Announcing: SAS Forecast Server 4.1

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Tuesday's release of SAS 9.3 included the new SAS Forecast Server 4.1, which has several valuable enhancements:

Combination (Ensemble) Models: A combination of forecasts using different forecasting techniques can outperform forecasts produced by using any single technique. Users can combine forecasts produced by many different models using several different combination techniques. (See section 12. Combining Forecasts (p. 24ff) on the Forecasting Principles website.)

Rolling Simulations: A sophisticated tool for iteratively simulating the forecasting process over a holdout period. Allows you to evaluate the stability and performance of a model, helping you choose the most appropriate model for forecasting the future. (See previous The BFD blog posting on Holdout Sets: Good or Bad.)

Temporal Reconciliation: A powerful new tool for combining and reconciling forecasts generated at different time frequencies (e.g. hourly, daily, weekly). Consider demand forecasting in the electric utility industry, where consumption varies by hour within the day (less demand in the middle of the night), by day within the week (business days compared to weekends), and by week within the year (higher peak demand in summer to drive air conditioners). With the SAS Forecast Server Procedures engine inside SAS Forecast Server 4.1, you can model the behavior at each time frequency, and then combine the results to incorporate the various seasonal cycles.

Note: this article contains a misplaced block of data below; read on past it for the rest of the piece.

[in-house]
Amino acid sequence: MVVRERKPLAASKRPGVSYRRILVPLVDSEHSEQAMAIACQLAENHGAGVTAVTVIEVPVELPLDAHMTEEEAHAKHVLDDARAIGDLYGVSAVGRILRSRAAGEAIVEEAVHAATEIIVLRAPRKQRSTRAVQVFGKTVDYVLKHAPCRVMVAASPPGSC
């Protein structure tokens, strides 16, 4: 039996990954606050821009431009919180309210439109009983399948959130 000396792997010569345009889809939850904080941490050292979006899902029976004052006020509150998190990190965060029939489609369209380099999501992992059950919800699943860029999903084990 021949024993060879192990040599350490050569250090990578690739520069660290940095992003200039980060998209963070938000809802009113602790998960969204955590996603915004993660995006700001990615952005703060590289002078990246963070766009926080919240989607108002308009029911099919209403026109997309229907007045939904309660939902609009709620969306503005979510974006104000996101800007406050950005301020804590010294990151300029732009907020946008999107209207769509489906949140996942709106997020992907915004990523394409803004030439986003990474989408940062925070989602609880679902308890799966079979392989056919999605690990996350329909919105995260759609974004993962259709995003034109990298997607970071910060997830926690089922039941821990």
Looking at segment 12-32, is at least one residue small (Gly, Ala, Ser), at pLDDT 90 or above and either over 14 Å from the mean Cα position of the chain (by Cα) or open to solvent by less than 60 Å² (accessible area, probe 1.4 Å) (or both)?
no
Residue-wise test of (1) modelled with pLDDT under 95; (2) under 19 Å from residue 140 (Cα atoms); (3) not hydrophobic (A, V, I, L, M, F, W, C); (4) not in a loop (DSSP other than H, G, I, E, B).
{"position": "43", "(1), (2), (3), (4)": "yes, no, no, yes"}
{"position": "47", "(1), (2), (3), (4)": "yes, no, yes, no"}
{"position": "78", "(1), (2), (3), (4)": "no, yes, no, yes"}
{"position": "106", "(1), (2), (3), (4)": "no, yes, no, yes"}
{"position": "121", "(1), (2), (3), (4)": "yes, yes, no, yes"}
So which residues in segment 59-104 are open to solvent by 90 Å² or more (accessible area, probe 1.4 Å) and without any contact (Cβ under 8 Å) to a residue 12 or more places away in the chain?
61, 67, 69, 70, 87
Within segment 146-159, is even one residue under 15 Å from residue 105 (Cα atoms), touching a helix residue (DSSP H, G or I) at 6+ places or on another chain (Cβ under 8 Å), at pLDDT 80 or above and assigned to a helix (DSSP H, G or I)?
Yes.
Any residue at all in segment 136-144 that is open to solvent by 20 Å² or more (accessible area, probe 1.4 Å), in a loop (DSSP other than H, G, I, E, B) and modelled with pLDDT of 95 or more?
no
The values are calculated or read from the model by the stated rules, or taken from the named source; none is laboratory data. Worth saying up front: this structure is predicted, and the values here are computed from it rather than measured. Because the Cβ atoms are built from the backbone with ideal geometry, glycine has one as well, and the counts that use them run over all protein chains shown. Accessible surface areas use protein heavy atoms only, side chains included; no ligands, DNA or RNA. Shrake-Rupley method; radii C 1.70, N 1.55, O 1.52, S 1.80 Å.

Custom Time Intervals: Some organizations use non-standard planning calendars. Other times there are gaps in the data (such as periods of the year (out of season) where a product is not sold). Custom time intervals can be used to model data at a frequency that is familiar to the business, and to eliminate gaps by compressing data. (See an example of when you would use this approach in the SAS whitepaper "Forecasting by Time Compression" by my colleague, Udo Sglavo.)

SAS Forecasting on YouTube

This week we also released a brief (2 minute) SAS Forecasting video on YouTube.

I lobbied hard for a role as the SAS spokesperson, and was one of 12 employees invited to audition. Apparently, my ability to emote was not sufficient to overcome numerous other shortcomings, and I failed to land the part. As one of the producers commented about my audition, "Nice delivery, but he has a face for podcasting."

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About Author

Mike Gilliland

Product Marketing Manager

Michael Gilliland is author of The Business Forecasting Deal (the book), and editor of Business Forecasting: Practical Problems and Solutions. He is a longtime business forecasting practitioner, and currently Product Marketing Manager for SAS Forecasting software. Mike serves on the Board of Directors for the International Institute of Forecasters, and received the 2017 Lifetime Achievement in Business Forecast award from the Institute of Business Forecasting. He initiated The Business Forecasting Deal (the blog) to help expose the seamy underbelly of forecasting practice, and to provide practical solutions to its most vexing problems.

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